I love television ads.
Okay, no, I'm not a complete moron, most ads are drek, and there are two strains of advertizing that seem to be on the rise right now that I detest -- one presents its target consumer as either idiotic, obnoxious or evil, thus telling the viewer that "if you are an imbecile, a boor, or a scoundrel, this product is for you!"
The other is just as deliberately disgusting as its pea-brained creators can imagine in order to get attention, (the miniature adult in the baby-carrier who says he like breast milk, for instance, fall in this category.)
But there's a lot of wit and visual imagination out there too.
And I particularly like film commercials (they actually save a lot of time and money, because for certain genres, every single frame of any interest makes it into the 30 second montage, no need to sit through the rest.)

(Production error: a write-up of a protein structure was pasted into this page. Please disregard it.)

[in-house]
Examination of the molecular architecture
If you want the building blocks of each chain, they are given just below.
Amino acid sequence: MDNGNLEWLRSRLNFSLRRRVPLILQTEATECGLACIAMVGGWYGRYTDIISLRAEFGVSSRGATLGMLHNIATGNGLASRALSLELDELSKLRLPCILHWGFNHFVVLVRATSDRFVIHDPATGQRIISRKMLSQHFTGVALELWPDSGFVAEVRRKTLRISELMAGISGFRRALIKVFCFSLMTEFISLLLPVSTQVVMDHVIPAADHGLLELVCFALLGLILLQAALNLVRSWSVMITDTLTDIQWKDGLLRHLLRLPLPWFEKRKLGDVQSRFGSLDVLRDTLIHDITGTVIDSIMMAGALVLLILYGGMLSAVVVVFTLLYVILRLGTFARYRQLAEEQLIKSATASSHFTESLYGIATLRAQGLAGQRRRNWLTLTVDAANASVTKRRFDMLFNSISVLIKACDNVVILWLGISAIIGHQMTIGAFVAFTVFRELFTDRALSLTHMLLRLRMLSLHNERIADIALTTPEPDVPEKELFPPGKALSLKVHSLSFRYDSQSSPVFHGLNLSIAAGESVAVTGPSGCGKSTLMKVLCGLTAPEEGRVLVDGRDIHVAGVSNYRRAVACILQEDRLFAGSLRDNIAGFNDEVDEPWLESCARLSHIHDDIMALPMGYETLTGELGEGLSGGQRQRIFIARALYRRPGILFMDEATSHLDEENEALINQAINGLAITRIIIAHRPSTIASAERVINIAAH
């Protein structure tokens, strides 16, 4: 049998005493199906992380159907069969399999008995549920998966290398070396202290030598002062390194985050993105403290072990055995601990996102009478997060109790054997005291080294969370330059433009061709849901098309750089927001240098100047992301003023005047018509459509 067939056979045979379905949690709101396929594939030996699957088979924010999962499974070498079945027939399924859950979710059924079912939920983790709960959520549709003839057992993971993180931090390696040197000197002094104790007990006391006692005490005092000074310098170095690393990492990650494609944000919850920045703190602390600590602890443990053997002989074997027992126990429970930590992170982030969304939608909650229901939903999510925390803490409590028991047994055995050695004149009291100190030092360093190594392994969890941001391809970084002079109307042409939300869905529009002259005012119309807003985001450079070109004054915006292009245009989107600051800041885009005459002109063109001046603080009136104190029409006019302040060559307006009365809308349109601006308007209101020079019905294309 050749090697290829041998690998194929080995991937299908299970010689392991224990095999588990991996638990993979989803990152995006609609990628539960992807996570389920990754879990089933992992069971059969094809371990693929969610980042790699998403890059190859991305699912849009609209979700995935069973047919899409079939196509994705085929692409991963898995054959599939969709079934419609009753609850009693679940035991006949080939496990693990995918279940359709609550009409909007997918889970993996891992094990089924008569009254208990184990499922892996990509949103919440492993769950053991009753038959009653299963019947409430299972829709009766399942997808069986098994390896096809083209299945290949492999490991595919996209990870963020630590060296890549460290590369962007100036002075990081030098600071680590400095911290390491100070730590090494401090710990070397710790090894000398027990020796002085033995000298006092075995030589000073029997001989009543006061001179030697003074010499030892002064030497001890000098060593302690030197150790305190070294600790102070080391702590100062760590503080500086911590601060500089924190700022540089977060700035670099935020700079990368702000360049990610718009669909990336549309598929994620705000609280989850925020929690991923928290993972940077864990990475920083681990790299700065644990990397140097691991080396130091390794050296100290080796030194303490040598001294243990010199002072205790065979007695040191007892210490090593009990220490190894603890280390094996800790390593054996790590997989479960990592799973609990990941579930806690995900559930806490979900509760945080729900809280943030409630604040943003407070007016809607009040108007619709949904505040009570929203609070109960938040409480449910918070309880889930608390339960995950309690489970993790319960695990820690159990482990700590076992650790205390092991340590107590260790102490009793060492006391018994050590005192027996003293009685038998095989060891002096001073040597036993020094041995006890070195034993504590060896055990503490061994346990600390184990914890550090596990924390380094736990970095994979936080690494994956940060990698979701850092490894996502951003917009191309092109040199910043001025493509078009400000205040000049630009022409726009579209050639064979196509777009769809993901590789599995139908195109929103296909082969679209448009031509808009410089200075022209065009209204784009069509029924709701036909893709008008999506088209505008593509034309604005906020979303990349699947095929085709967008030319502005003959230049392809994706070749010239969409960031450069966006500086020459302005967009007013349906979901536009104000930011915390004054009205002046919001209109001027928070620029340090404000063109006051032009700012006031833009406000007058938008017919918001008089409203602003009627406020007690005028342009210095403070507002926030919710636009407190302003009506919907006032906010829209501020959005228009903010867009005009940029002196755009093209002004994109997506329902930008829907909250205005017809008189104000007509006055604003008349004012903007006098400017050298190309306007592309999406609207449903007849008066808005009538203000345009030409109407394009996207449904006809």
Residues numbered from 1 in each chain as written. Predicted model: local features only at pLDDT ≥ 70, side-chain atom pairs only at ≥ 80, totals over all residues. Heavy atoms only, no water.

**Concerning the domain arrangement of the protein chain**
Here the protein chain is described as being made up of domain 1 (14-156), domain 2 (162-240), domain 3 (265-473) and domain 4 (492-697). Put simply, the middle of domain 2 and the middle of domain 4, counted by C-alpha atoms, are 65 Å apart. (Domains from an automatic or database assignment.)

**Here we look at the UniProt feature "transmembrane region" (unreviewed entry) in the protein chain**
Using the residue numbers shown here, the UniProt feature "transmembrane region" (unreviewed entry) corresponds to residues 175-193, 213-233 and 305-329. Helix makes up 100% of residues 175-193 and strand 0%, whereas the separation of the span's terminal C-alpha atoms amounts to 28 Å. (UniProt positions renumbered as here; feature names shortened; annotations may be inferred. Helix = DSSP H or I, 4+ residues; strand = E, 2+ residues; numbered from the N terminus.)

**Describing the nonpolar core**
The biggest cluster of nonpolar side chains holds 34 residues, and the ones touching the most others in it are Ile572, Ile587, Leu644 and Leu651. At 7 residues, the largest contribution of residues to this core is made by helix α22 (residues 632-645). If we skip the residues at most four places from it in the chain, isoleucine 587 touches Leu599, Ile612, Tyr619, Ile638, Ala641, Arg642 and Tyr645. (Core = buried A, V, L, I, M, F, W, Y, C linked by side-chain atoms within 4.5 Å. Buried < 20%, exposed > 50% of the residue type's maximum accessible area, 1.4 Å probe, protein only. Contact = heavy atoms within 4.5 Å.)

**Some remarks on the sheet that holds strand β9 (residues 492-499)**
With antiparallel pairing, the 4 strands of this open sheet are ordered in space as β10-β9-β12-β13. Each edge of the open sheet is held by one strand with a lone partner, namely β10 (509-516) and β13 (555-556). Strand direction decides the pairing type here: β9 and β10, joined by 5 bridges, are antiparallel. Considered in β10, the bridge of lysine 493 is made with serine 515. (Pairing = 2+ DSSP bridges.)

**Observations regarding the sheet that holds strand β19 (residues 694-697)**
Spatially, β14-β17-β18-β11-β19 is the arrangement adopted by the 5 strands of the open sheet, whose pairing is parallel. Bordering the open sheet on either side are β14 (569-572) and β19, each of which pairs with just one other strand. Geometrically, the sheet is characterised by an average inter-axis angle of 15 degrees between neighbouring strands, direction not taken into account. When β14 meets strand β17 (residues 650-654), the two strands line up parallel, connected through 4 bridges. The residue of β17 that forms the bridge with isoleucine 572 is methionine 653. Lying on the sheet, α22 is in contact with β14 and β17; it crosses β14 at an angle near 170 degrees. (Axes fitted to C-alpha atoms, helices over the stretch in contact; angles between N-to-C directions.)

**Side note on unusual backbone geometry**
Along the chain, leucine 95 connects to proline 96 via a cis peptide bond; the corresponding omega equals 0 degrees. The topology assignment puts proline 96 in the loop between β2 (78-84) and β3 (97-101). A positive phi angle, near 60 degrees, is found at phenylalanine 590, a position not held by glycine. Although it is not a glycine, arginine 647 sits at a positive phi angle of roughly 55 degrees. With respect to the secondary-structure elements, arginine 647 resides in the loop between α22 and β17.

I am fascinated by movie ads, and the practice of excerpting a phrase from a presumably non-partisan source, that seems to praise a novel, or television show or film, and that often, in context... well, to not quite.
But there's an ad I've seen and heard a lot recently that says, "better in every respect than...." the movie to which the current release if a sequel.
This cannot fail to be true.
But that is because the last one was the most colossal, inept bore imaginable, and I could be wrong, but I think almost universally acknowledged as such.
Why would anyone base an ad campaign essentially on the premise that "this isn't as bad as...."
Surely they could have found a better quote?
"This is better than that other pile of steaming dung" just isn't very persuasive.